Causes of death

Causes of death, by type

Other classifications of causes of death

Effects of death

  • Effects of the anticipation of death
    • Death anxiety – morbid, abnormal or persistent fear of one's own death or the process of his/her dying. One definition of death anxiety is a "feeling of dread, apprehension or solicitude (anxiety) when one thinks of the process of dying, or ceasing to ‘be’". Also known as thanatophobia (fear of death).
    • Mortality salience
  • Effects on the deceased (and on the cadaver) – "deceased" is short for "deceased person", which is a person who has died and who is therefore dead. A cadaver is the body of a dead person.
    • End of consciousness – a dead body is no longer awake, but there is the question of where consciousness went to, if anywhere...
    • Cessation of breathing
    • Cardiac arrest – the heart has stopped beating (no pulse)
    • Pallor mortis – paleness which happens in the 15–120 minutes after death
    • Livor mortis – settling of the blood in the lower (dependent) portion of the body
    • Algor mortis – reduction in body temperature following death. This is generally a steady decline until matching ambient temperature
    • Rigor mortis – limbs of the corpse become stiff (Latin rigor) and difficult to move or manipulate
    • Decomposition – reduction into simpler forms of matter, accompanied by a strong, unpleasant odor.
    • Other (possible) effects
    • Treatment of corpses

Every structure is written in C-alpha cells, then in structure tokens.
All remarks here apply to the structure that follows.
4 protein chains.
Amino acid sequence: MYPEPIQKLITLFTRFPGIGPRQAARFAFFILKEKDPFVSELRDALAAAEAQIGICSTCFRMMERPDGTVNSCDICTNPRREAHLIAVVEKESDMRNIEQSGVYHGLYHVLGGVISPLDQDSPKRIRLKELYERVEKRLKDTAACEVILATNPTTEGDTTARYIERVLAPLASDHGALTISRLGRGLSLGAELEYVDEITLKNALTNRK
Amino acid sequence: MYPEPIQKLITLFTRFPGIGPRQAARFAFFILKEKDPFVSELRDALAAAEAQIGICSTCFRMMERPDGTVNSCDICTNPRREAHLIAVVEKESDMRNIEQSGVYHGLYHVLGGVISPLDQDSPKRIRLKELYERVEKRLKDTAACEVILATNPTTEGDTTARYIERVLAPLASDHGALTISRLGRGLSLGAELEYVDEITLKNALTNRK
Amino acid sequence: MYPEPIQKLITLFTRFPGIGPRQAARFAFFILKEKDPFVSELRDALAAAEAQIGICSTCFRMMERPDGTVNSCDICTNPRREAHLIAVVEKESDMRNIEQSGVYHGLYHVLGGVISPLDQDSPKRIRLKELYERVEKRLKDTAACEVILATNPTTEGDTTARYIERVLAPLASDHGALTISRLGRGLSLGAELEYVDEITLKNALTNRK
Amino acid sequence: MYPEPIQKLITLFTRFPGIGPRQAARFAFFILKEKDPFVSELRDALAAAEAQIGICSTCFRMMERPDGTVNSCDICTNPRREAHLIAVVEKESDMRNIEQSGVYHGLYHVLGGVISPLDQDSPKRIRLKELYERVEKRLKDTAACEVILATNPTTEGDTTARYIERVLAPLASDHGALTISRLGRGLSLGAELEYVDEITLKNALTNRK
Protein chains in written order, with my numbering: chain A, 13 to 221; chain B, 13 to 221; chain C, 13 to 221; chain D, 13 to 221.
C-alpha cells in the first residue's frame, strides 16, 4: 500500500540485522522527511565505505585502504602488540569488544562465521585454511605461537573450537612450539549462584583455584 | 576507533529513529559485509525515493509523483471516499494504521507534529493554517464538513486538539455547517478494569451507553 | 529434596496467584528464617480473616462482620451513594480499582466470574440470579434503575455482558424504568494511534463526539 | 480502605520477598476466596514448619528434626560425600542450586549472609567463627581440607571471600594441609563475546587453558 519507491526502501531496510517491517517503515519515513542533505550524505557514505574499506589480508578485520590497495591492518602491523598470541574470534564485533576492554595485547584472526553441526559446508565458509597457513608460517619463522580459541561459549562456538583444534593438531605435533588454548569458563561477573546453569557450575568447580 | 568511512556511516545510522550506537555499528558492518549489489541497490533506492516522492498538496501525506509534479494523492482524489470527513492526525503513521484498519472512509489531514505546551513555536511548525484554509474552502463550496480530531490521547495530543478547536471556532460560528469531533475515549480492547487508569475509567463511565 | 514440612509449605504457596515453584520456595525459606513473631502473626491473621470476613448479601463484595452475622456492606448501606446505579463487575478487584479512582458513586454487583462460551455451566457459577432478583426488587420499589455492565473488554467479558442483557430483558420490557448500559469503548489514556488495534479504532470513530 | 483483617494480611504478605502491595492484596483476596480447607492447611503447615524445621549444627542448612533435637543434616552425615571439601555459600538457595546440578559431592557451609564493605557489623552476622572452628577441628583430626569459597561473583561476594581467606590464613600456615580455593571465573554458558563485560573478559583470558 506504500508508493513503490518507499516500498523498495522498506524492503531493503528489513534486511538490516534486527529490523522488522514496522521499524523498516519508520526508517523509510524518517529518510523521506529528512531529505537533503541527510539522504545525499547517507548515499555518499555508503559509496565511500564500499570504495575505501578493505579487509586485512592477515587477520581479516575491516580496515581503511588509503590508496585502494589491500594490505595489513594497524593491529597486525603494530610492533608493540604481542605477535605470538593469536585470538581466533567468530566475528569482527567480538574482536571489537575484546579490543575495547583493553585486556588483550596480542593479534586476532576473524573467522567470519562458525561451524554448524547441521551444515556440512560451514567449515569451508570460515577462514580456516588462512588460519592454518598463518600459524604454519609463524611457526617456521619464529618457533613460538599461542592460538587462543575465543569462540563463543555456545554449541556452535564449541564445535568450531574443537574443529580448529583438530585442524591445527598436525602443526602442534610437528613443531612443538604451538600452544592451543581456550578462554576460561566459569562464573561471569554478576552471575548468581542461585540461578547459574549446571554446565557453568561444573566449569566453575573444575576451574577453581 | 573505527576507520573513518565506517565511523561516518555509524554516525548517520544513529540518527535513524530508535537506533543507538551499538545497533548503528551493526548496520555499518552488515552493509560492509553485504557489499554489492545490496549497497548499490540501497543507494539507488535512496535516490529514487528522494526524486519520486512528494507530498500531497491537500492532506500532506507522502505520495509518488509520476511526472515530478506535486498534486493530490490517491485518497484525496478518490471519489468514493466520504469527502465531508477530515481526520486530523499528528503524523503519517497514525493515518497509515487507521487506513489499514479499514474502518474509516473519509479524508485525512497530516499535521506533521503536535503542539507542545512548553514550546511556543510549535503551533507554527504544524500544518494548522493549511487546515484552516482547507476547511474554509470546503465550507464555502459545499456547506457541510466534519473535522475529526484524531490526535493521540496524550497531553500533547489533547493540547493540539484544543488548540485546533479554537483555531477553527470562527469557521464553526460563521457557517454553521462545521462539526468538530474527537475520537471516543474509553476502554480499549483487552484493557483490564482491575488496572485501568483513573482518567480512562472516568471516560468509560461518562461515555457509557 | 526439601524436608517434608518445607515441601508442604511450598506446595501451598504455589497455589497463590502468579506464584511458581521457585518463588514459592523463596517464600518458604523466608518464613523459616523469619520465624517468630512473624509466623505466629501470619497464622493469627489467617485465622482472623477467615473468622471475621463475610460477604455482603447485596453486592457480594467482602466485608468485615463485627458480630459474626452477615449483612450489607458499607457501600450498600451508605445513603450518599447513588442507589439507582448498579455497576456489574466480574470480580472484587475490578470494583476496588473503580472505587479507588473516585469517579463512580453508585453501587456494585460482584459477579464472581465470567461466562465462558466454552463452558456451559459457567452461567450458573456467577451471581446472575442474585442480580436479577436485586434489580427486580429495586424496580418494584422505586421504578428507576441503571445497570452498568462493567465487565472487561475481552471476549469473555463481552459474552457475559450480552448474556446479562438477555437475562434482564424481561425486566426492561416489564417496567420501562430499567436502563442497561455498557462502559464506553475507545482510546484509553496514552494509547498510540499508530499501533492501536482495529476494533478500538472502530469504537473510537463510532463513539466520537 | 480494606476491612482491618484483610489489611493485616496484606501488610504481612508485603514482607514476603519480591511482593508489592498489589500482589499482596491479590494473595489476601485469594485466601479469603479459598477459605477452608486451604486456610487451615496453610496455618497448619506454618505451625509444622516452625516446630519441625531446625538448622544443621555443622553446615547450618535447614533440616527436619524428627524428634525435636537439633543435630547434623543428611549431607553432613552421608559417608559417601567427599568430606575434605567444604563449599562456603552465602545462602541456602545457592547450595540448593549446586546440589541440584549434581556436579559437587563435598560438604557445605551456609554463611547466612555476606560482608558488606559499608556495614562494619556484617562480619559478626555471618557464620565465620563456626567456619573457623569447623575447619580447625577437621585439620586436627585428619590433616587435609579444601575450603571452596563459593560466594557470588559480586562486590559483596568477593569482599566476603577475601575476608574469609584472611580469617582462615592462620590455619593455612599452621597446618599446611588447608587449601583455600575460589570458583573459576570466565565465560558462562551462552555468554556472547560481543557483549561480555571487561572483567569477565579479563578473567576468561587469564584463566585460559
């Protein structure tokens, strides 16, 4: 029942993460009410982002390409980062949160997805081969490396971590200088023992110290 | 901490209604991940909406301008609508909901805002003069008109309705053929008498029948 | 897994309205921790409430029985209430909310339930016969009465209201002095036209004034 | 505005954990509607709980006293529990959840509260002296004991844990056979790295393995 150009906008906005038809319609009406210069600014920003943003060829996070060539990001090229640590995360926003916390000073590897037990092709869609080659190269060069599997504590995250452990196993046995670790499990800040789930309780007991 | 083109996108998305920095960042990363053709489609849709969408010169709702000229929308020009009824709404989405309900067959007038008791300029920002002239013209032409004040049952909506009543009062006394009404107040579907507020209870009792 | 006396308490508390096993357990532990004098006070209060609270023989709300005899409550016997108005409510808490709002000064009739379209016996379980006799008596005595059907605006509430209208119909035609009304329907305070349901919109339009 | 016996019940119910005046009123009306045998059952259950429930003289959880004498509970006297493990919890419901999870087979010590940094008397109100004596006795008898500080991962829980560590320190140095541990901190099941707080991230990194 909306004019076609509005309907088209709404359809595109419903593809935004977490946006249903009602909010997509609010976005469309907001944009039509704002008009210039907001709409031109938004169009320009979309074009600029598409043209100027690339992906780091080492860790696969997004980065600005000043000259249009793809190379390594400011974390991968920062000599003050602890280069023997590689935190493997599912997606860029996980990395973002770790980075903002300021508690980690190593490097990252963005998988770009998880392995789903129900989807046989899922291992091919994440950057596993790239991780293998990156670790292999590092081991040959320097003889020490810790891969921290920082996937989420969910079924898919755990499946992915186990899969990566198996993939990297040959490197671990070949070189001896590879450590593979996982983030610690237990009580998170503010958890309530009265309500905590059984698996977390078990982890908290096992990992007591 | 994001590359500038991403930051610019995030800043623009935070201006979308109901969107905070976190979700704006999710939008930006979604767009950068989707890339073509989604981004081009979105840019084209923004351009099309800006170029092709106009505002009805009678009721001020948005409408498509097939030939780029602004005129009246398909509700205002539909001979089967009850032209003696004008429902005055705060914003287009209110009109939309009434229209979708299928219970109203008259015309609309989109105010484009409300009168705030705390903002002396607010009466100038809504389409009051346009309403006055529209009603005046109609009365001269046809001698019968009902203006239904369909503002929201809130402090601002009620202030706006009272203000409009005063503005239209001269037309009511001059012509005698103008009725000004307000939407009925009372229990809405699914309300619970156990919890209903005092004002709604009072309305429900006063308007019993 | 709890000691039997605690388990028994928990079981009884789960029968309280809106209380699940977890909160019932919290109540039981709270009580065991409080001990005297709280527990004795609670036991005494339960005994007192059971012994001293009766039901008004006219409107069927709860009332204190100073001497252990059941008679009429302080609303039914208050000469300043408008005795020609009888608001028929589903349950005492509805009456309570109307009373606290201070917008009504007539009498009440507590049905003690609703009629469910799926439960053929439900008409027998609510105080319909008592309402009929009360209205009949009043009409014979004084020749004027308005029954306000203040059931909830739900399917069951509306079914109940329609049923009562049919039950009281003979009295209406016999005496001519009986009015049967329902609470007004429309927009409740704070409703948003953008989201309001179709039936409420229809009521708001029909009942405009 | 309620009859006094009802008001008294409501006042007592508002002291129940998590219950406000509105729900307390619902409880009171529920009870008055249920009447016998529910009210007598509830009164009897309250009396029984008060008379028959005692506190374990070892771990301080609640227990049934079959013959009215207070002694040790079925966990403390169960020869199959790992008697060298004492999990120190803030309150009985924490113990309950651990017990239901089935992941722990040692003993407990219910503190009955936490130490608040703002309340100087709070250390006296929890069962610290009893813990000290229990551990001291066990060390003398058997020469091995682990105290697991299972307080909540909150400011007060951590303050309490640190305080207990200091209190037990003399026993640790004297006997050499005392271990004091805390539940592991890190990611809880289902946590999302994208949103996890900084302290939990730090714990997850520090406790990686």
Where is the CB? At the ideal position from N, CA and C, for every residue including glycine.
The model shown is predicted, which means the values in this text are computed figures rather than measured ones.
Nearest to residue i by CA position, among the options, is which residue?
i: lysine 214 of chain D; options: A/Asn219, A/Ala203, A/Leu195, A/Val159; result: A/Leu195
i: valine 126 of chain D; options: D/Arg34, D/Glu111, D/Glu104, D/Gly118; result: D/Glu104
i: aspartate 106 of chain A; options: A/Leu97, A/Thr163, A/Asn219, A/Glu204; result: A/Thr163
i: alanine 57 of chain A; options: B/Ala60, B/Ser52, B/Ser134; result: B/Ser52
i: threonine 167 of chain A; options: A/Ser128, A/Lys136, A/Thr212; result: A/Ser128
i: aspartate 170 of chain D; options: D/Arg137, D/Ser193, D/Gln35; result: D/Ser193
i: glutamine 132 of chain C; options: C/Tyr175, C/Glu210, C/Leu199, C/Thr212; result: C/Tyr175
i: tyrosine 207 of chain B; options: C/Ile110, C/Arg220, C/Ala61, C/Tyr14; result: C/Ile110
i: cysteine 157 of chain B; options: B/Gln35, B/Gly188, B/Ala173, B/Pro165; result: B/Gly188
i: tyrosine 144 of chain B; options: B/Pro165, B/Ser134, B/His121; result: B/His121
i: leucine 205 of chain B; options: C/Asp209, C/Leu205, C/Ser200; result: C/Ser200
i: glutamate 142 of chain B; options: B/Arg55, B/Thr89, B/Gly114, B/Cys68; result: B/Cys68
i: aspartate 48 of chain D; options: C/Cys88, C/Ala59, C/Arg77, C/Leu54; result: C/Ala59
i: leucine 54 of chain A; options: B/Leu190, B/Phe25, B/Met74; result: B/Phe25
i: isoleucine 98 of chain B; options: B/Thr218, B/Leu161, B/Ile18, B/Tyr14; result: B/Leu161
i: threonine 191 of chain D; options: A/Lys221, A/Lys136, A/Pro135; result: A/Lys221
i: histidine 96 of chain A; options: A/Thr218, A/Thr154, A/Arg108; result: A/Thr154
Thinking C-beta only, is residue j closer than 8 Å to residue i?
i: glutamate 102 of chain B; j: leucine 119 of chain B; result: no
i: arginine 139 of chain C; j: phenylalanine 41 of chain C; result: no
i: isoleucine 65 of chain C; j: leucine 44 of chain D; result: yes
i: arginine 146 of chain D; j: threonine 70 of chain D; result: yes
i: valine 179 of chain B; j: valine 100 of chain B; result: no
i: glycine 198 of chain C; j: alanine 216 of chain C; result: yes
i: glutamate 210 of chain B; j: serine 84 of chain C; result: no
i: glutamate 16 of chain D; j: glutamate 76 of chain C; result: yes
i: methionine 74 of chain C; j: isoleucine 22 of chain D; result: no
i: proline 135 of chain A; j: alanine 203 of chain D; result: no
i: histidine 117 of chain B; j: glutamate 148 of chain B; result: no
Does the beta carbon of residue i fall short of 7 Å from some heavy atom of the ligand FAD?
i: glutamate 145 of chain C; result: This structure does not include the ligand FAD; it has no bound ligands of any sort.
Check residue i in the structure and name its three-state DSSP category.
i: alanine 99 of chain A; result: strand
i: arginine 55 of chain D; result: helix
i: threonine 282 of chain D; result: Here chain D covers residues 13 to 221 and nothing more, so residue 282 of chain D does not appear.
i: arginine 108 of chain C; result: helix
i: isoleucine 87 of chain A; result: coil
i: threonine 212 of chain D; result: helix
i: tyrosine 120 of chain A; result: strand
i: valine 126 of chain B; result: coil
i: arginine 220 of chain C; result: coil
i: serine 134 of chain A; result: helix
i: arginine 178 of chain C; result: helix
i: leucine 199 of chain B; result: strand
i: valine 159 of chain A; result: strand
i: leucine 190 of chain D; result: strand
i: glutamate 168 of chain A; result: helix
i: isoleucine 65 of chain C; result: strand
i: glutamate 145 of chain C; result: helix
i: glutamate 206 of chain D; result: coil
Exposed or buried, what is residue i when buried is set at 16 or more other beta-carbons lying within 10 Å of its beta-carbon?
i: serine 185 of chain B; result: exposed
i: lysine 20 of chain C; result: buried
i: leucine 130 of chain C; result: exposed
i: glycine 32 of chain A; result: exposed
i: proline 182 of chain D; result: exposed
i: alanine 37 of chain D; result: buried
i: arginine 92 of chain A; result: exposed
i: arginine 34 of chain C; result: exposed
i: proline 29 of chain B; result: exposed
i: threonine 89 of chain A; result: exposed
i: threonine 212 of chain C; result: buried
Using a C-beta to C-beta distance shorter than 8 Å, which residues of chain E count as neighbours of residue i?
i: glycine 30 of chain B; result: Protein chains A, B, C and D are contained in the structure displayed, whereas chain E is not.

• In the wild
        • Consumed by predators (if those predators made the kill) – a predator is an organism that hunts and then eats its prey
        • Consumed by scavengers – a scavenger is an animal that feeds on dead animal and/or plant material present in its habitat
        • Decomposed by detritivores – detritivores are organisms which recycle detritus, returning it to the environment for reuse in the food chain. Examples of detritivores include earthworms, woodlice and dung beetles.
        • Fossilization
        • Catagenesis
      • In society
  • Effects on others

History of death

Philosophy and death

Death and culture

Death and culture

Medical field and death

Politics of death

Legalities of death

Religion and death

Death care industry

Death care industry – companies and organizations that provide services related to death (i.e., funerals, cremation or burial, and memorials).

Scientific study of death

Demography of death

Paranormal concepts pertaining to death

Death-related organizations

Death-related publications

Dead people

Other

political/legal
After death
Other

See also

References

  1. Lua error in Module:Citation/CS1/Identifiers at line 47: attempt to index field 'wikibase' (a nil value).
  2. The American Heritage Dictionary of the English Language, 4th edition, published by Houghton Mifflin Company, via Answers.com:
    • "The property or quality that distinguishes living organisms from dead organisms and inanimate matter, manifested in functions such as metabolism, growth, reproduction, and response to stimuli or adaptation to the environment originating from within the organism."
    • "The characteristic state or condition of a living organism."
  3. Definition of inanimate. WordNet Search by Princeton University.
  4. "Merriam-Webster Dictionary". Merriam-Webster Dictionary. Retrieved 2009-06-21.<templatestyles src="Module:Citation/CS1/styles.css"></templatestyles>
  5. "organism". Chambers 21st Century Dictionary (online ed.). Chambers Publishers Ltd. 1999. Retrieved 2012-05-26.<templatestyles src="Module:Citation/CS1/styles.css"></templatestyles>

External links